With many teetering or falling by the wayside, the last thing New York City needs is another restaurant.
Some Belgian investors don't believe it. In a bold financial endeavor that's practically equivalent to wrestling with a crocodile, our intrepid Belgians, ignoring a tough economic climate that is provoking a major upheaval in the city's fiercely competitive restaurant business, banded together and anted up close to $10 million to open an imposing new dining spot, Rouge Tomate (means red tomato in French), which made its debut last October in midtown Manhattan's east side.
Not only that, the group committed itself to a pricey $100,000-a month lease for 10 years, a gutsy move, what with the streets of New York City littered with empty restaurants and boarded-up dining spots.
The investors weren't blindfolded. "Of course, we were worried; we knew we were opening at the worst possible time, in the midst of an economic crisis, but we did our homework and I believe we were being realistic," said Nil Sonmez, vice president and general counsel of the Rouge Tomate Group, which operates a similar restaurant in Brussels.
Housed in an ultra-busy shopping area on East 60th street off Madison Avenue, the restaurant is located directly across the street from Barney's and a few blocks from Bloomingdale's. The Big Apple's Rouge Tomate, a two-level lounge and restaurant that seats 275 and employs a staff of 95, including office personnel, features modern American nutritional and seasonal cuisine in a casual setting. Most of it comes from local farms.
The emphasis, explains Somnez, is on healthy food; they stay away from what's bad. Accordingly, no cream or butter is used in the appetizers or entrees, and there is no salt shaker on the table. In addition, all food-related leftovers are composted. "We want to be as green as we can and environmentally correct," Somnez said.
"Affordable quality" is how she described the restaurant's prices, which run an average $60 for lunch or dinner, including wine. Restaurants galore in the city are bombarding diners with specials and Rouge Tomate is on that act as well, offering three-course lunches at $29 and three-course dinners at $45.
Apparently, the red tomato is making some noise in restaurant circles, having already attracted such celebrities as Kirk Douglas, Barbara Walters, Demi Moore and Matt Lauer.
To date, business hasn't been up to initial expectations, Sonmez admitted, but she hastened to note "We're growing steadily and the customer account between March and April grew 16%." The goal: to break even in two years, and then take it from there.
Whether the restaurant, at the site of what once was the Copacabana nightclub, makes it is anybody's guess, but escaping financial indigestion won't be a breeze. The plight of the dining-out business, reflecting the nasty impact of tough economic times, is visible everywhere in the city, where practically every New York City restaurant is being forced to cut back in the face of shrinking customers.
A captain at the famous 21 club, which now offers diners a three-course dinner for just $35, as does Le Cirque, one of the city's most prominent French restaurants, took note of the many empty tables at around 8 p.m. and told one steady customer "if things continue this way, I don't know if we can make it to the end of the year."
Speaking of staying power, Nicola Civetta, the affable owner of Primavera, the city's premier Italian power restaurant, sees additional heartaches in the wings for the industry, even a possible bloodbath. Pointing to the diminishing number of diners throughout the city, and with most restaurants, he estimates, down this year an average 40% from a year ago, Civetta serves up an ominous forecast--namely that as many as 20 to 25% of the city's restaurants may not last through the summer.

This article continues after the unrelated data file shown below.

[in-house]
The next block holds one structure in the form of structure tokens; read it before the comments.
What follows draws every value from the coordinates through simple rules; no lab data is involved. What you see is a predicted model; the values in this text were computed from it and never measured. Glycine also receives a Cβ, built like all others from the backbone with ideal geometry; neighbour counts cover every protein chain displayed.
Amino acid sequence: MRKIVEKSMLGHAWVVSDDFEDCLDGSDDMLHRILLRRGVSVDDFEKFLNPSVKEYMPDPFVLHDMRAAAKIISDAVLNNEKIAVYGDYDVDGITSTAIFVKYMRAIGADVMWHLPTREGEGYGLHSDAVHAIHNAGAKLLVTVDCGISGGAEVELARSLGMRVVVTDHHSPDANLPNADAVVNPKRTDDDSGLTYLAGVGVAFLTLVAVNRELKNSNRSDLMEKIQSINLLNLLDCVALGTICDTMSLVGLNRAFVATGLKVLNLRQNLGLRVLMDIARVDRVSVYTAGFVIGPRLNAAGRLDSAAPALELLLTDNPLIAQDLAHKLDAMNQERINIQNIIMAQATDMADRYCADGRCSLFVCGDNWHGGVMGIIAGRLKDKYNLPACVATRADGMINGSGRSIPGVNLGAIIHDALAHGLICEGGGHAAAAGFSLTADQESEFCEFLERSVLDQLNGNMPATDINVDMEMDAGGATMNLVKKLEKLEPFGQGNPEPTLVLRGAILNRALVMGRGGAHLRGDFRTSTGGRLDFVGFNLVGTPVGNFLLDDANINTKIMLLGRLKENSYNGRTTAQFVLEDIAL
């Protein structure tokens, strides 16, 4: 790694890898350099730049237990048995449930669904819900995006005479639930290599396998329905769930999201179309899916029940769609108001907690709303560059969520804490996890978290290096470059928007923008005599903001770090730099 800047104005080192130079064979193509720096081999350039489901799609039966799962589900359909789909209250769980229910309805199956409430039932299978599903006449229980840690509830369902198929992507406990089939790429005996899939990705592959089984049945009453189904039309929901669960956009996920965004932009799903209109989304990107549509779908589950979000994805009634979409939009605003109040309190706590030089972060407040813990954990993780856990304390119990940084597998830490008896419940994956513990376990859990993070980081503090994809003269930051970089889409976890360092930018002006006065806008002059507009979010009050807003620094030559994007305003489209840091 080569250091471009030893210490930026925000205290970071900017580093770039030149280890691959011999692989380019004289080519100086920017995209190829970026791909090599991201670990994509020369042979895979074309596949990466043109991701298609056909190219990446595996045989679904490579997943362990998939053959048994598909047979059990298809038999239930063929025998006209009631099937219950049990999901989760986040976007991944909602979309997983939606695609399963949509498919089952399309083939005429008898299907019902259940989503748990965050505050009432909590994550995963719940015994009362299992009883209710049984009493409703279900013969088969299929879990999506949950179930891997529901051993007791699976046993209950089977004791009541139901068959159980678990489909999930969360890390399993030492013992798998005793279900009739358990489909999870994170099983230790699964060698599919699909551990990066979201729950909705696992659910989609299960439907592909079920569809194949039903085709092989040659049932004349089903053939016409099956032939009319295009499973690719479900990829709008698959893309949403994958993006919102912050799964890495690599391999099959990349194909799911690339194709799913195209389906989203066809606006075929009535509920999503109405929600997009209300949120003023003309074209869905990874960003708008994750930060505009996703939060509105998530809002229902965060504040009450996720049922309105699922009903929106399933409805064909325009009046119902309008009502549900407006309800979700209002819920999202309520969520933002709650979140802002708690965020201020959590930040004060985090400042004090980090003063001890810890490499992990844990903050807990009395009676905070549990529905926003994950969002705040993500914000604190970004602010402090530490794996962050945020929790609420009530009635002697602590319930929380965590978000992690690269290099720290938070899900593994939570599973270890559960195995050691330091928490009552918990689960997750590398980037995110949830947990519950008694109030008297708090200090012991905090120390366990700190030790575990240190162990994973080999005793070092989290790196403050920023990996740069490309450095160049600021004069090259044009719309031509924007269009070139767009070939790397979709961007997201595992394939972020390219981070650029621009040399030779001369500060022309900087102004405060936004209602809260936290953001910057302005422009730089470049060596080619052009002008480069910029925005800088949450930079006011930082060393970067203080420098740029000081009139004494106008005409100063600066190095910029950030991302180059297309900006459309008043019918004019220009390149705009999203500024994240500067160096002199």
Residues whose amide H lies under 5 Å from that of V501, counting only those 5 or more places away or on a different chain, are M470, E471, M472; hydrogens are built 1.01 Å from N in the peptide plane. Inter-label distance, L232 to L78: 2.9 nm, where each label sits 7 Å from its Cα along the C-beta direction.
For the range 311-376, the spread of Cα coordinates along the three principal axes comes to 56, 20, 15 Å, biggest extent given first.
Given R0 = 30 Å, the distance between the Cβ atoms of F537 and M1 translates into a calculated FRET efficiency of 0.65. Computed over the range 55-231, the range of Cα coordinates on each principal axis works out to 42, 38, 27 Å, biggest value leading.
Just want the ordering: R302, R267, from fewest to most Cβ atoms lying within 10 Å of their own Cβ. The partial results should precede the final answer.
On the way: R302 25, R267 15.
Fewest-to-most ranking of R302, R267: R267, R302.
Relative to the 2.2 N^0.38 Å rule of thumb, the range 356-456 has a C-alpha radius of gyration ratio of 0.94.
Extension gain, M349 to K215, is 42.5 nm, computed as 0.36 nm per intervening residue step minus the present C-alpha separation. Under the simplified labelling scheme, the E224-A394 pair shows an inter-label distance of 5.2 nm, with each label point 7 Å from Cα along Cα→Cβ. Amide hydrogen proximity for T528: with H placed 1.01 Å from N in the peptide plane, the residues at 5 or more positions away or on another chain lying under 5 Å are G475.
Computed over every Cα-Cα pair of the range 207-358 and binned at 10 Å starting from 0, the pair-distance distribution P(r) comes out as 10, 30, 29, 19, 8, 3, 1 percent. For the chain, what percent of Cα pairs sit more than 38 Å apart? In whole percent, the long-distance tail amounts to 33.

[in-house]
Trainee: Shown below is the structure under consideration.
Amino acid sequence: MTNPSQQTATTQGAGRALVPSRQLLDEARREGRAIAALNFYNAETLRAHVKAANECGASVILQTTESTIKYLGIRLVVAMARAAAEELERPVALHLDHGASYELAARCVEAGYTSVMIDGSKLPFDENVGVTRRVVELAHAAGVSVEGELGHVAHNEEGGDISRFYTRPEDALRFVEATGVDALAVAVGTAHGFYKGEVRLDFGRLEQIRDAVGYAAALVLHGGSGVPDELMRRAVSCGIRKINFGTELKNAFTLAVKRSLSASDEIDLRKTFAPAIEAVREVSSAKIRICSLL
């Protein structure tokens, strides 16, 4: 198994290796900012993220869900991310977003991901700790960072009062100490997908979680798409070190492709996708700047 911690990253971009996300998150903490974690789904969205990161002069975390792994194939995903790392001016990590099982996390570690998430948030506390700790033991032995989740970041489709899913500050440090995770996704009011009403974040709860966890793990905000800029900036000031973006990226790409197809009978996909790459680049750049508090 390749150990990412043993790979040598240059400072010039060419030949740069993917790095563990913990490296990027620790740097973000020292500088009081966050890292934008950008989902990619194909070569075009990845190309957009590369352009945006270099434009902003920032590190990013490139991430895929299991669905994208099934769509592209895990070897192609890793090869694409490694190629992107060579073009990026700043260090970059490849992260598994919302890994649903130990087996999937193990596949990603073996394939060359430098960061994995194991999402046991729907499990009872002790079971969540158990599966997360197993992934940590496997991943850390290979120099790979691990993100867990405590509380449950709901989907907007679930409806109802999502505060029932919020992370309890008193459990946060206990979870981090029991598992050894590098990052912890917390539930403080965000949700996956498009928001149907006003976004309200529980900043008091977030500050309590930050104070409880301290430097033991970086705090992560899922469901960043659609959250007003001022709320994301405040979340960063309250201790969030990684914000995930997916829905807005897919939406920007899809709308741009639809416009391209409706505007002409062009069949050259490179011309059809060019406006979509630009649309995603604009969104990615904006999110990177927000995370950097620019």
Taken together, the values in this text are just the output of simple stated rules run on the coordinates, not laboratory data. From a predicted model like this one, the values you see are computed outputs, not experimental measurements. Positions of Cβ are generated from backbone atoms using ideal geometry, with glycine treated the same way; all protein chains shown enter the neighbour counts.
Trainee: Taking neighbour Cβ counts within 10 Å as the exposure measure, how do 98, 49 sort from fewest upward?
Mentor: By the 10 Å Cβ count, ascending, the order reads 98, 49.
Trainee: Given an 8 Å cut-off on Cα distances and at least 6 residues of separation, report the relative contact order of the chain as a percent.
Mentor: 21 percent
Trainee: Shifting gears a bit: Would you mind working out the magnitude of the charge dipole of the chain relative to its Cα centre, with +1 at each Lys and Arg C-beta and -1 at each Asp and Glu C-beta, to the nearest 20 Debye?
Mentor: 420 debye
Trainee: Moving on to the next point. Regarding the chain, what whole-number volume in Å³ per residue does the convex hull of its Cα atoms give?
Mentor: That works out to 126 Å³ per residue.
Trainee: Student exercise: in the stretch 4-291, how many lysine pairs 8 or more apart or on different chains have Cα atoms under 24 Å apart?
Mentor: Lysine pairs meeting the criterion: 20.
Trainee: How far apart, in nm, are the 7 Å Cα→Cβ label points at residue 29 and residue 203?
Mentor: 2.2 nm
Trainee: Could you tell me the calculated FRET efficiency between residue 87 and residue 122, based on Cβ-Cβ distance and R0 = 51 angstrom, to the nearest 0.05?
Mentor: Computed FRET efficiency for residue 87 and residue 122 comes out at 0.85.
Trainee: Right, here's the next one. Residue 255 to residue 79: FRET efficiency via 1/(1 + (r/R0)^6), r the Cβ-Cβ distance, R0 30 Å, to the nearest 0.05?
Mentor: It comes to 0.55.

"I can't remember when I've heard so many complaints about the state of this business," said Civetta, who owns the building that houses his Upper East Side restaurant. Without that edge, he says, he might have to close.
Meanwhile, cutbacks at restaurants are most graphically conspicuous by the reduction in help. In some cases, it's said to run as high as 40% to 50%. Working hours have also been reduced. Some eateries, in fact, have eliminated their hat-check gals, with that chore being taken over by the maitre d', waiters or, at times, even by the owner. Yet other money-saving efforts include lunch and Sunday closings.
It's anyone's guess how many city restaurants have closed their doors over the past year (no one seems to compile such statistics), but some industry sources figure this year's and last year's closings alone could easily run in the thousands.
One of the big problems, say a number of restaurateurs, is the unwillingness of landlords to show any kind of flexibility on their lease renewals. Some of them, in fact, are warning of hikes.
What seems to be clear is any new entries into the restaurant will have their hands full. Still, they keep coming. For example, New York City's Department of Health and Mental Hygene reports that food permit applications for the first four months of the year are up 25% from a year ago.
Andrew Rigie, director of operations at the New York State Restaurant Association, thinks the jump in applications could largely reflect a move by a number of people who have lost their jobs, mainly financial types, to pursue a new career by investing in or owning their own restaurant. If you're one of them, a word of warning: Only the fittest will survive.
One final note: Beware of city restaurants trying to rip you off, such as Morton's Steakhouse, which charged me an additional $2.50 (or 50 cents an ice cube) for ordering a drink on the rocks. Needless to say, I refused to pay.
Dan Dorfman has written financial columns for the Wall Street Journal, USA Today and The New York Sun. Email him at Dandordan@aol.com